- Set realistic targets for improvement. If teachers are told they must make larger gains than they can accomplish by legitimate means, they will have a greater incentive to cut corners by teaching to the test.
- Tie assessments to clear curricula. If teachers are confronted with a centralized testing program but given no accompanying curriculum, they will have a strong incentive to use the test as a surrogate curriculum framework--again increasing the possibility of inappropriate teaching to the test.
- Design assessments to minimize inflation. Inflation may be lessened by sampling systematically from subject areas, for example, or it may be necessary to eliminate the reuse of test questions.
- Monitor for potential inflation of gains. Monitoring could involve external audit testing, as this study did with the NAEP test, adaptations to the testing program itself, or both.
- Credit other aspects of educational performance. Improvements to large-scale assessment programs may be insufficient. Teachers often appropriately focus on shorter-term outcomes, such as finding ways to get an unmotivated student interested in a subject or finding clearer ways to present a certain body of knowledge, whether it is likely to be tested or not. It may be necessary to broaden accountability systems to include not just test scores but shorter-term outcomes as well.
- Discount early gains. Sponsors of new assessments should advise educators, the public, and the press to discount gains over the first few years of a new program while students are familiarizing themselves with the demands of the new test.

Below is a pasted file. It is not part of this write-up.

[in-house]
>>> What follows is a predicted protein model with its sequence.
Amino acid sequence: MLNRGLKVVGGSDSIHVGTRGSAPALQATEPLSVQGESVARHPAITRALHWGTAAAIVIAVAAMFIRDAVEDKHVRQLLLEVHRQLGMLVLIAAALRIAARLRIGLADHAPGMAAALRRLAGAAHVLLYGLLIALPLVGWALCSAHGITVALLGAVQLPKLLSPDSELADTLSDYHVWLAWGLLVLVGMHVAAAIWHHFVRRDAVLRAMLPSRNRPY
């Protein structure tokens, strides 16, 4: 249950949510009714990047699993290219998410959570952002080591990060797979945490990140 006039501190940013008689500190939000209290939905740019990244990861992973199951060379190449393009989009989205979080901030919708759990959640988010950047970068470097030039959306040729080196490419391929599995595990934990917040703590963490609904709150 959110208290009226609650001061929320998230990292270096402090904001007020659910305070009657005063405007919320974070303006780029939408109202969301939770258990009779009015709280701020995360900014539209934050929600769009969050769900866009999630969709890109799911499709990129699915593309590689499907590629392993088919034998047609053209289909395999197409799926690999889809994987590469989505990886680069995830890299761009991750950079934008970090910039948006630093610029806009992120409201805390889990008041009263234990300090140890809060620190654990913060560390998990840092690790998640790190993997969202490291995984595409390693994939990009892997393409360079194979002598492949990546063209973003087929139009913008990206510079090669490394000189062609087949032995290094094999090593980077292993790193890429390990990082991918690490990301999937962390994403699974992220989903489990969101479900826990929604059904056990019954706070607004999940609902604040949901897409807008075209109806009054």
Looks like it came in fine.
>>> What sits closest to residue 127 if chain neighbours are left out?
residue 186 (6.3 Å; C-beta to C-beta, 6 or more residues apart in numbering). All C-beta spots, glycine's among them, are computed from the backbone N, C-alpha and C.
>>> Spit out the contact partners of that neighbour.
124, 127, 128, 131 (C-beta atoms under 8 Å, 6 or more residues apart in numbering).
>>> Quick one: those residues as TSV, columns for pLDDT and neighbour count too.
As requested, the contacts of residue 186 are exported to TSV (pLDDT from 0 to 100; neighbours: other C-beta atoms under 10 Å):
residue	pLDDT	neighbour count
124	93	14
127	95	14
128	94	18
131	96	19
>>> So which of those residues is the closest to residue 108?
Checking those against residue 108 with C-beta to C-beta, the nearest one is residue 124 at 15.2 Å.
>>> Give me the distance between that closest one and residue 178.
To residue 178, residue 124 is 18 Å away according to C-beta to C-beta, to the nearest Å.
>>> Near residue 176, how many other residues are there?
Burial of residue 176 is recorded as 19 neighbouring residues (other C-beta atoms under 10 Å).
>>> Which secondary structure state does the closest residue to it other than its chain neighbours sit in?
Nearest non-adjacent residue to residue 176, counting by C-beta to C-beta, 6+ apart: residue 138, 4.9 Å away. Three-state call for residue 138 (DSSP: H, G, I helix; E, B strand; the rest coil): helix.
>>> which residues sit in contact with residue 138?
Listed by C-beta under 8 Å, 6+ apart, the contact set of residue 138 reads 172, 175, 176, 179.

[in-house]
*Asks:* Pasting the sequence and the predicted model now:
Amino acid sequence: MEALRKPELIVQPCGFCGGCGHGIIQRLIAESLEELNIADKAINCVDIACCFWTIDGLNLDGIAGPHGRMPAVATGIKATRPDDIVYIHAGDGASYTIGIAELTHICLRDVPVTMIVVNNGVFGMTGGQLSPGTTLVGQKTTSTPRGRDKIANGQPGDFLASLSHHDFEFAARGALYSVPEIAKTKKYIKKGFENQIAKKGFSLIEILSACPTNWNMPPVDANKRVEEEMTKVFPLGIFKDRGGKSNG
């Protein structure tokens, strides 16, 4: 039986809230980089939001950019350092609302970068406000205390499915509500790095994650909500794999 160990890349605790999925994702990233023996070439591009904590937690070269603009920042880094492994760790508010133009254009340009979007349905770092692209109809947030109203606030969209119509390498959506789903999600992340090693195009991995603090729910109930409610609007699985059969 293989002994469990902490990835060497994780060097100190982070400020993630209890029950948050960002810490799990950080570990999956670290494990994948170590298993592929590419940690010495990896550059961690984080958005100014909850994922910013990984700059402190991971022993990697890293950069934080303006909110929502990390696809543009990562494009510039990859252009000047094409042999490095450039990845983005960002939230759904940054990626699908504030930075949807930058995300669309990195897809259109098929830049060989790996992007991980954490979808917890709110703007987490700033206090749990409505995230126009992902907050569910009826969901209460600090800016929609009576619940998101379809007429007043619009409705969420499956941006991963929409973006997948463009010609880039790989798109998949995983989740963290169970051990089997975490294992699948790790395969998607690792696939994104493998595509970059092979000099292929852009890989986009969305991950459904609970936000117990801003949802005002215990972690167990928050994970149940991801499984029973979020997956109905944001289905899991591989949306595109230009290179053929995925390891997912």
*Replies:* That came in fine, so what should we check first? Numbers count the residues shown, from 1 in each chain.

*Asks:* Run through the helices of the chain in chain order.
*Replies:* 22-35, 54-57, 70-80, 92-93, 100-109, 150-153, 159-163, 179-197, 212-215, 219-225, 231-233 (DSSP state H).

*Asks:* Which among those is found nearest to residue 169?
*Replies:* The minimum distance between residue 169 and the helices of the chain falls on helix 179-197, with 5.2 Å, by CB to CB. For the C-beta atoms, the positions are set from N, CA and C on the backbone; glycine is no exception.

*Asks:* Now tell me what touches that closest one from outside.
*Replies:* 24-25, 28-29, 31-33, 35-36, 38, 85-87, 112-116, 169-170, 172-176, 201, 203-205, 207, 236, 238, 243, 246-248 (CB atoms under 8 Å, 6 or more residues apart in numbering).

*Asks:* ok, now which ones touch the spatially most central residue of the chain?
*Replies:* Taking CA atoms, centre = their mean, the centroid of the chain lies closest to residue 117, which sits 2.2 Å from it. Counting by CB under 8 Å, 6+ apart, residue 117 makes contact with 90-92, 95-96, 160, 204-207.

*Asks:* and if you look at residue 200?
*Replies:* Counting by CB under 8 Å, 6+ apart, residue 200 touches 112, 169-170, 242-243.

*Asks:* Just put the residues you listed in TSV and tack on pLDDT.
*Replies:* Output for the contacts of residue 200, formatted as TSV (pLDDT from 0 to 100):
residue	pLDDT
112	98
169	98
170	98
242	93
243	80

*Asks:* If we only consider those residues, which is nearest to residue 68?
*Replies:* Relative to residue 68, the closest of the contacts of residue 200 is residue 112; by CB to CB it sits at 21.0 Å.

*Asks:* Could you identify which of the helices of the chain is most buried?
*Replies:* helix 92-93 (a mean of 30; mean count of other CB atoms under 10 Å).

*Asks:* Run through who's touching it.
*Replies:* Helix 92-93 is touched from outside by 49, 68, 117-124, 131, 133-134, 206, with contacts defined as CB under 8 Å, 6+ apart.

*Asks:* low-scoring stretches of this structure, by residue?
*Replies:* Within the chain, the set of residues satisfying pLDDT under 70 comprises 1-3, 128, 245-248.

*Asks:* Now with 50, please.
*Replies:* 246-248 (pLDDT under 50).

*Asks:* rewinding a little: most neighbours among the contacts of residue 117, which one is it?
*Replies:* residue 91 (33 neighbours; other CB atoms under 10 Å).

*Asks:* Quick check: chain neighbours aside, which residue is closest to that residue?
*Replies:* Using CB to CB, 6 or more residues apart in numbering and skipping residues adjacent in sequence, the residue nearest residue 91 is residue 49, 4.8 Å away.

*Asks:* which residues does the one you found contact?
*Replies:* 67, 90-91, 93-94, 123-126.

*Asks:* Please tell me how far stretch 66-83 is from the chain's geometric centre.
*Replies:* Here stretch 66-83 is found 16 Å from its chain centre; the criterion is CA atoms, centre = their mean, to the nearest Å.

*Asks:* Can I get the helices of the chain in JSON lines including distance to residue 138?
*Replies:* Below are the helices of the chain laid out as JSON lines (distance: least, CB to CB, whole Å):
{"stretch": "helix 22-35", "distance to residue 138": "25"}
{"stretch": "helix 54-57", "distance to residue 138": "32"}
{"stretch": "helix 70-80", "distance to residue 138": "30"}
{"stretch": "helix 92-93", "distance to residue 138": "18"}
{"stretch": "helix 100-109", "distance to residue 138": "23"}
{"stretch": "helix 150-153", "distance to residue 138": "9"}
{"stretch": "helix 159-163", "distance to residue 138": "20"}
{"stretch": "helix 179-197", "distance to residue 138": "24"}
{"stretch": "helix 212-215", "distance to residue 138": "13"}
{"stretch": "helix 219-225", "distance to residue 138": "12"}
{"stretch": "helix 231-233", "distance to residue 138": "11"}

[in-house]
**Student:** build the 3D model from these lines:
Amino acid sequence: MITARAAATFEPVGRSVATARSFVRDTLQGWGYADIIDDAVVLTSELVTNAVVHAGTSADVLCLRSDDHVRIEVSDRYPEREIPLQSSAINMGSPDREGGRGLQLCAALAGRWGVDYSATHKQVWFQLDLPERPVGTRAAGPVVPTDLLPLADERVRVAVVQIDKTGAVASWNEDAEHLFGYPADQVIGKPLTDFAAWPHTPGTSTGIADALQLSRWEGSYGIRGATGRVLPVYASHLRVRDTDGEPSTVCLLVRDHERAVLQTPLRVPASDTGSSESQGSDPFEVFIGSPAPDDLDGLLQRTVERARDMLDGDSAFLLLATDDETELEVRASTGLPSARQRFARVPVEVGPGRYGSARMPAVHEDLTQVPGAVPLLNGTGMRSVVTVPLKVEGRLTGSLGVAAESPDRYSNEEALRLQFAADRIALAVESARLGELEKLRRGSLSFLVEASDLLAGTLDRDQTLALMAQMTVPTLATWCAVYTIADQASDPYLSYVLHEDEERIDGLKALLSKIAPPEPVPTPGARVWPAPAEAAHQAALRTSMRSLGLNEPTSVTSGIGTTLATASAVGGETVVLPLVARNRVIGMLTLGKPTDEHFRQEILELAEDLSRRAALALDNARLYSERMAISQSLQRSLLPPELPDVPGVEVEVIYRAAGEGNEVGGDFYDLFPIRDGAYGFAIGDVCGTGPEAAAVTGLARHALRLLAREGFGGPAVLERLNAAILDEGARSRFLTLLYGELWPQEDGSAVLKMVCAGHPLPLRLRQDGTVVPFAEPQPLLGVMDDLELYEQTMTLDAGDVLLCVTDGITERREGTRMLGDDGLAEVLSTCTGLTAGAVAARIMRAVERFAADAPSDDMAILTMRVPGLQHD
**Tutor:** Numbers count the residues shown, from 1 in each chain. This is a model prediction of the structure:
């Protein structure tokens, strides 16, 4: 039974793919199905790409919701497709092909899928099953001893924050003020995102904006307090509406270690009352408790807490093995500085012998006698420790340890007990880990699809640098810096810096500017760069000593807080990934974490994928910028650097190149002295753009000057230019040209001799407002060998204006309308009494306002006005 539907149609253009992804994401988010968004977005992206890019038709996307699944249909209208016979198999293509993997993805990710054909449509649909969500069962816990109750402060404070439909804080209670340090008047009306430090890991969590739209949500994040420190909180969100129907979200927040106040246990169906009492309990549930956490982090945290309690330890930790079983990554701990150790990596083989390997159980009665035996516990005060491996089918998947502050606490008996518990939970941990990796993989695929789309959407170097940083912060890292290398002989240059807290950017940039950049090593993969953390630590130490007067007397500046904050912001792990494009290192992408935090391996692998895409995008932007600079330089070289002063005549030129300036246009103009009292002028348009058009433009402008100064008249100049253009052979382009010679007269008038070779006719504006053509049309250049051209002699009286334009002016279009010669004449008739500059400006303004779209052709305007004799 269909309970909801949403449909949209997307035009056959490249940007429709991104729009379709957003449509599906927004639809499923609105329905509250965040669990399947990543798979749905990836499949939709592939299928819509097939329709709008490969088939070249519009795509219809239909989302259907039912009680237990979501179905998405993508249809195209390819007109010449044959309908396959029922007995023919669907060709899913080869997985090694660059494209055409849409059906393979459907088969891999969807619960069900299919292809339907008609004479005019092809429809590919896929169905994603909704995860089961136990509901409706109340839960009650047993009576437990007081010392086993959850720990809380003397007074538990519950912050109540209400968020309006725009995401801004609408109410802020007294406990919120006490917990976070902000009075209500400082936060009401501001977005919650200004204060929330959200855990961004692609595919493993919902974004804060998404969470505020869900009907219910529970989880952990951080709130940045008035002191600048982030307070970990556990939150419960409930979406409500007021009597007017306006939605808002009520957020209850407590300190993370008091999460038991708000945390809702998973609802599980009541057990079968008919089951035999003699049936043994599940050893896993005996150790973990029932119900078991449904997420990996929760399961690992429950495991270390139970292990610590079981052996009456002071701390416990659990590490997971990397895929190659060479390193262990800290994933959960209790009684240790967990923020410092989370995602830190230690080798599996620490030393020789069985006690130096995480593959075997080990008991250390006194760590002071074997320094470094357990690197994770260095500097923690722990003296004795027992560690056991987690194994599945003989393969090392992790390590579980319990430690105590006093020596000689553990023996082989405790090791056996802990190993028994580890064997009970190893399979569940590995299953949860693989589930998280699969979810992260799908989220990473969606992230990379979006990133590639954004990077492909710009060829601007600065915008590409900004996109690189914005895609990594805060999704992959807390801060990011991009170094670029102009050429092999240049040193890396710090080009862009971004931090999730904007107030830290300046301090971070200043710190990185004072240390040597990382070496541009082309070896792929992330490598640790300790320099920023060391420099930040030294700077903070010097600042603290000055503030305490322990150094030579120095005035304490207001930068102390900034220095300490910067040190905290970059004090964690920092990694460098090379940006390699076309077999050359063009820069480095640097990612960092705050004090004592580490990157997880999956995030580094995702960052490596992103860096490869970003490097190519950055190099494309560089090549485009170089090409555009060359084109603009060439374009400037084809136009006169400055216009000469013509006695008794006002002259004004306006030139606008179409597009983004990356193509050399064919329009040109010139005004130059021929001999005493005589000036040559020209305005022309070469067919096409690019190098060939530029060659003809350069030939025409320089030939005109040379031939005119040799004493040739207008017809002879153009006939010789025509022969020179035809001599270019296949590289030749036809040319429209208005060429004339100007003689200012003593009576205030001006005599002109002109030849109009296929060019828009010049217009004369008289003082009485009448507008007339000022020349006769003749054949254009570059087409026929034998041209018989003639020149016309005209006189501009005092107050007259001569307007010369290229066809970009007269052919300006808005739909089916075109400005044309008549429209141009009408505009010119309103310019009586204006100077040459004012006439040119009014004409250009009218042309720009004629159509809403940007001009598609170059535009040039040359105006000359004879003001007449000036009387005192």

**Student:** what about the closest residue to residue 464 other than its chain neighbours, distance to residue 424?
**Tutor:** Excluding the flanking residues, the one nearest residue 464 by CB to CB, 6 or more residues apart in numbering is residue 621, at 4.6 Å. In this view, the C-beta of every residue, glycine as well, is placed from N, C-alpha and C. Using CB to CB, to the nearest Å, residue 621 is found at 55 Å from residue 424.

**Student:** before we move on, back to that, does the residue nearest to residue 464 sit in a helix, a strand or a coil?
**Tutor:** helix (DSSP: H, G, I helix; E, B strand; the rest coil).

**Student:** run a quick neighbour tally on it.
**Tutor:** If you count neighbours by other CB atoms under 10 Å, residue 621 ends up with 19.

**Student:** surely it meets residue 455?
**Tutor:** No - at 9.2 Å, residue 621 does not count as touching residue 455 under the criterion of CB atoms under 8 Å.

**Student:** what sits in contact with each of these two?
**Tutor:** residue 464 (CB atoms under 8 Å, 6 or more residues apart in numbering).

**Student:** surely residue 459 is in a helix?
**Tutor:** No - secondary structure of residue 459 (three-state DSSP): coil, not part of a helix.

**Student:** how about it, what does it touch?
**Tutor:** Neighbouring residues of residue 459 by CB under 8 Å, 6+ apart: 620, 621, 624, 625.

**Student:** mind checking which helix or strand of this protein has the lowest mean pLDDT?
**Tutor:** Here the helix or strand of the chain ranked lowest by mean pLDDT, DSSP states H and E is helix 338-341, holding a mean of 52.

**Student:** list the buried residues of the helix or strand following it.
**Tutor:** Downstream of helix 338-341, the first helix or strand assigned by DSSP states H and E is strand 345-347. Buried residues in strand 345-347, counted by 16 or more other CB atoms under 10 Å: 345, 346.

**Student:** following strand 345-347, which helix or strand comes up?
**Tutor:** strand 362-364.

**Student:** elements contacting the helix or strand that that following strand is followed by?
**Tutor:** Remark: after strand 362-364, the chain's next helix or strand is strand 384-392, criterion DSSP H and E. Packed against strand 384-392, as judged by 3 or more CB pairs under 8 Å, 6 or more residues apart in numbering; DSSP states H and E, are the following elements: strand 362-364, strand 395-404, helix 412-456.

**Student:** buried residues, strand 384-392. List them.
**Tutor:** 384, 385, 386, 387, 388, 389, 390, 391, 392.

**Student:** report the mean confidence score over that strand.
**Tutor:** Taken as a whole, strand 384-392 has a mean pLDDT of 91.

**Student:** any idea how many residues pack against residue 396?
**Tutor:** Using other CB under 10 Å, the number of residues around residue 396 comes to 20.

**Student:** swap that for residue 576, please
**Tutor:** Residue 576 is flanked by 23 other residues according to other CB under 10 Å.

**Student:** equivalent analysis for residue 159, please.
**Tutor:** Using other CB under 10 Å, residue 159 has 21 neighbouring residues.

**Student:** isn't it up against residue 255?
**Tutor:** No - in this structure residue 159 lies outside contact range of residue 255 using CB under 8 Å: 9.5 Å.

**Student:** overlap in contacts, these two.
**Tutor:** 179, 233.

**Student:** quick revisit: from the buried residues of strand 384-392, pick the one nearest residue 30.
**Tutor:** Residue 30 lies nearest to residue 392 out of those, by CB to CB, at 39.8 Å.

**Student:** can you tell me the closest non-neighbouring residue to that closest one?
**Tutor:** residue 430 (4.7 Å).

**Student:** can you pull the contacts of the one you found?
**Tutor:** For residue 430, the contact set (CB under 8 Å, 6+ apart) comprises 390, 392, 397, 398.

RAND is a nonprofit institution that helps improve policy and decisionmaking through research and analysis. This research brief summarizes work done within RAND Education and documented in The Validity of Gains in Scores on the Kentucky Instructional Results Information System (KIRIS)by Daniel M. Koretz and Sheila I. Barron, MR-1014-EDU, 1998, ISBN: 0-8330-2687-9, which is available from National Book Network (Telephone: 800-462-6420; FAX: 301-459-2118). Building on more than 25 years of research and evaluation work, RAND Education (formerly RAND's Institute on Education and Training) has as its mission the improvement of educational policy and practice in formal and informal settings from early childhood on. A profile of RAND Education, abstracts of its publications, and ordering information may be viewed on the World Wide Web ().
All rights reserved. Permission is given to duplicate this on-line document for personal use only, as long as it is unaltered and complete. Copies may not be duplicated for commercial purposes.Published 1999 by RAND
RAND's Home Page